So, let’s see how this format fits with a real example.

So here’s an example using an actual book. You can see that the author name is inverted so that the last name comes first, followed by a comma and the initial, which is punctuated with a full stop. Then we have the year of publication in round brackets, followed by a full stop.

The THIRD element is the title of the book. As you can see, the title is in italics and in sentence case. Note that when there is a two-part title like this one, capitalise the first word of the second part of the title.

Next, we have the name of the publisher followed by a full stop. We would include a DOI here if one was available.

Now, this book is from an academic research database, so we can end the reference after the publisher name; we don’t include the publisher location. But if we were citing an ebook that was not from an academic research database, then we would include a URL.

Now, what if we were citing a book that was in a later edition than the first edition? Let’s take a look…

Here is an example of a reference for a book in its fifth edition.

Notice that all the elements follow the same pattern as our previous example, only in this case, the author is the American Psychiatric Association. Again, the year of publication is contained in round brackets followed by a full stop. The title of the work comes next, in italics, and you can see after the title, in brackets, we have the edition information.

The edition information is abbreviated– you can see we have “fifth edition” in abbreviated form, with a lower case “ed” standing for “edition”. This edition information is contained within round brackets and followed with a full stop.

Now, you might notice that the publisher name is missing from this reference entry. Well, in this particular case, the publisher is the same as the author. In APA 7th style, when the publisher is the same as the author, we do not include the publisher name. So you can see here that we have omitted the publisher name, and ended the reference with the DOI.

Notice that the DOI is presented as a hyperlink, and this is the correct way to present DOI’s when using APA 7th style.

Here is an example of a reference for an edited book.

Again, we can see same basic format as our previous examples, only in this case, the names and initials are those of the editors. After the names, we have the abbreviation for the word “editors”. Notice that the abbreviation for editors is denoted by a capital “E”, and is punctuated by a full stop, and contained within round brackets. This brackets are followed by a full stop before the year of publication. Then, we have the title of the book, which is in italics and sentence case.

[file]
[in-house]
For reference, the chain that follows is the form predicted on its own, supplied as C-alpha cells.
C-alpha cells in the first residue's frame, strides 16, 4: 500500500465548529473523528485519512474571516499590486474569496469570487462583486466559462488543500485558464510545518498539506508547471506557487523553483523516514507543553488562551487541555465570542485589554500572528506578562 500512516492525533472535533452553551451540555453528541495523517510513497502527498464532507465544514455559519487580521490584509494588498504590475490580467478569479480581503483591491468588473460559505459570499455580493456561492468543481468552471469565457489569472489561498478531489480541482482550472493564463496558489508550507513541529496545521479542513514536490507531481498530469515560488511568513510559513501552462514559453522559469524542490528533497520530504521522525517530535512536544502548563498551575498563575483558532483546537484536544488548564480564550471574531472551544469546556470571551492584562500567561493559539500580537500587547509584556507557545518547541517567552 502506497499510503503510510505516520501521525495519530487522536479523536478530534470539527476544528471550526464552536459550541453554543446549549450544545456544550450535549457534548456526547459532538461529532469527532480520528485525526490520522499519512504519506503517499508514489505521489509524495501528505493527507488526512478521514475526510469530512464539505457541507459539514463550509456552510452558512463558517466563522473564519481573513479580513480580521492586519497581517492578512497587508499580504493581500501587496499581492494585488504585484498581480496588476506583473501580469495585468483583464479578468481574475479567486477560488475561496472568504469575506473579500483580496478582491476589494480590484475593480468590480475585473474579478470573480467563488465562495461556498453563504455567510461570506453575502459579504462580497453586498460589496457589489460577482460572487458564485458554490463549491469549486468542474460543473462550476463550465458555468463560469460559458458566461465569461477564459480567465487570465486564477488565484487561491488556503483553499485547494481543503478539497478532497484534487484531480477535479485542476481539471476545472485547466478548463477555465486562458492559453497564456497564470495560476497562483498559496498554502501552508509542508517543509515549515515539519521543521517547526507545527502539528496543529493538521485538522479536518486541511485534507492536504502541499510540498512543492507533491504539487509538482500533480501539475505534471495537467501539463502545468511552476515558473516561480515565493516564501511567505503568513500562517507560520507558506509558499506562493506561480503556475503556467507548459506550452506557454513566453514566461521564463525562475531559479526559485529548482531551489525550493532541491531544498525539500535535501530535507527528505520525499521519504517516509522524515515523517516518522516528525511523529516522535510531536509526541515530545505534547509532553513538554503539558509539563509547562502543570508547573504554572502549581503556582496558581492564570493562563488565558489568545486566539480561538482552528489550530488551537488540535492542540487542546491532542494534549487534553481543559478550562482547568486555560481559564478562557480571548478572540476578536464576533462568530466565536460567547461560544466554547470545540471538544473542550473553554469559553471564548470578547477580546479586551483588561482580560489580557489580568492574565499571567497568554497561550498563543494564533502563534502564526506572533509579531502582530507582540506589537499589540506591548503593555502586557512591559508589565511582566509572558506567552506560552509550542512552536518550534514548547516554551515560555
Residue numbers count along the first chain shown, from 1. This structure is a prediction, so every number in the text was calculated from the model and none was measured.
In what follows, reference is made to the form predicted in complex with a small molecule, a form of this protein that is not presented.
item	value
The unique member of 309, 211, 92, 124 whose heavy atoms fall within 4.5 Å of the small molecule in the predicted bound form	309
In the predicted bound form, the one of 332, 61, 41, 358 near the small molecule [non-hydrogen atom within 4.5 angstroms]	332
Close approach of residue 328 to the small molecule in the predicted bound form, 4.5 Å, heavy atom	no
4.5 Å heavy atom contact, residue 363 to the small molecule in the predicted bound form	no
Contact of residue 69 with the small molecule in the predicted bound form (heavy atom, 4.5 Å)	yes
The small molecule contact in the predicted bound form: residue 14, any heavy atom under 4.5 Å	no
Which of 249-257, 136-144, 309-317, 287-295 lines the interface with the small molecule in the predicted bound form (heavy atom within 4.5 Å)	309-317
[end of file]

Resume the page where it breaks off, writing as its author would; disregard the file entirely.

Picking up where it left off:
Notice that this reference includes the publisher name, and includes a DOI, like our previous example.

A final point: remember that when constructing your reference list, the heading “references” should be in the centre and in bold. Your entries should be in alphabetical order based on the author surnames. Your entries should be doubled spaced, without extra spacing between, and should have a hanging indent. Lastly, make sure that all works cited in-text of your assignment also appear in your reference list.

So now you now how to reference books using APA 7th style. We hope this short video has been helpful. You can find more information about referencing on SCU’s referencing homepage, or you can contact your SCU librarian, or one of the Learning Experience Team who would be happy to help you.

Referencing a journal article in APA 7th style (3:21)

Hello and welcome to this short video on how to construct a reference for a journal article in apa 7th.

In order to do this we're going to need the following bits of information.

We're going to need the author's name or names, the year of publications the title of both the article and the journal that it appears in, we're going to need the volume number the issue number, the page range and the doi otherwise known as the digital object identifier.

So this is the format that we use for a journal article. This is found on the APA 7th lib guide so let's see how this would look with an example of a journal article. So here is the article we will be using. So first we're going to need the names of the authors so here we have two authors we're going to need their surnames and their initials. We're also going to need the year of publication the title of the article the journal title, the volume issue and page range. Lastly we need the doi found here. So all of the information we need for our referencing is present on the first page of the journal.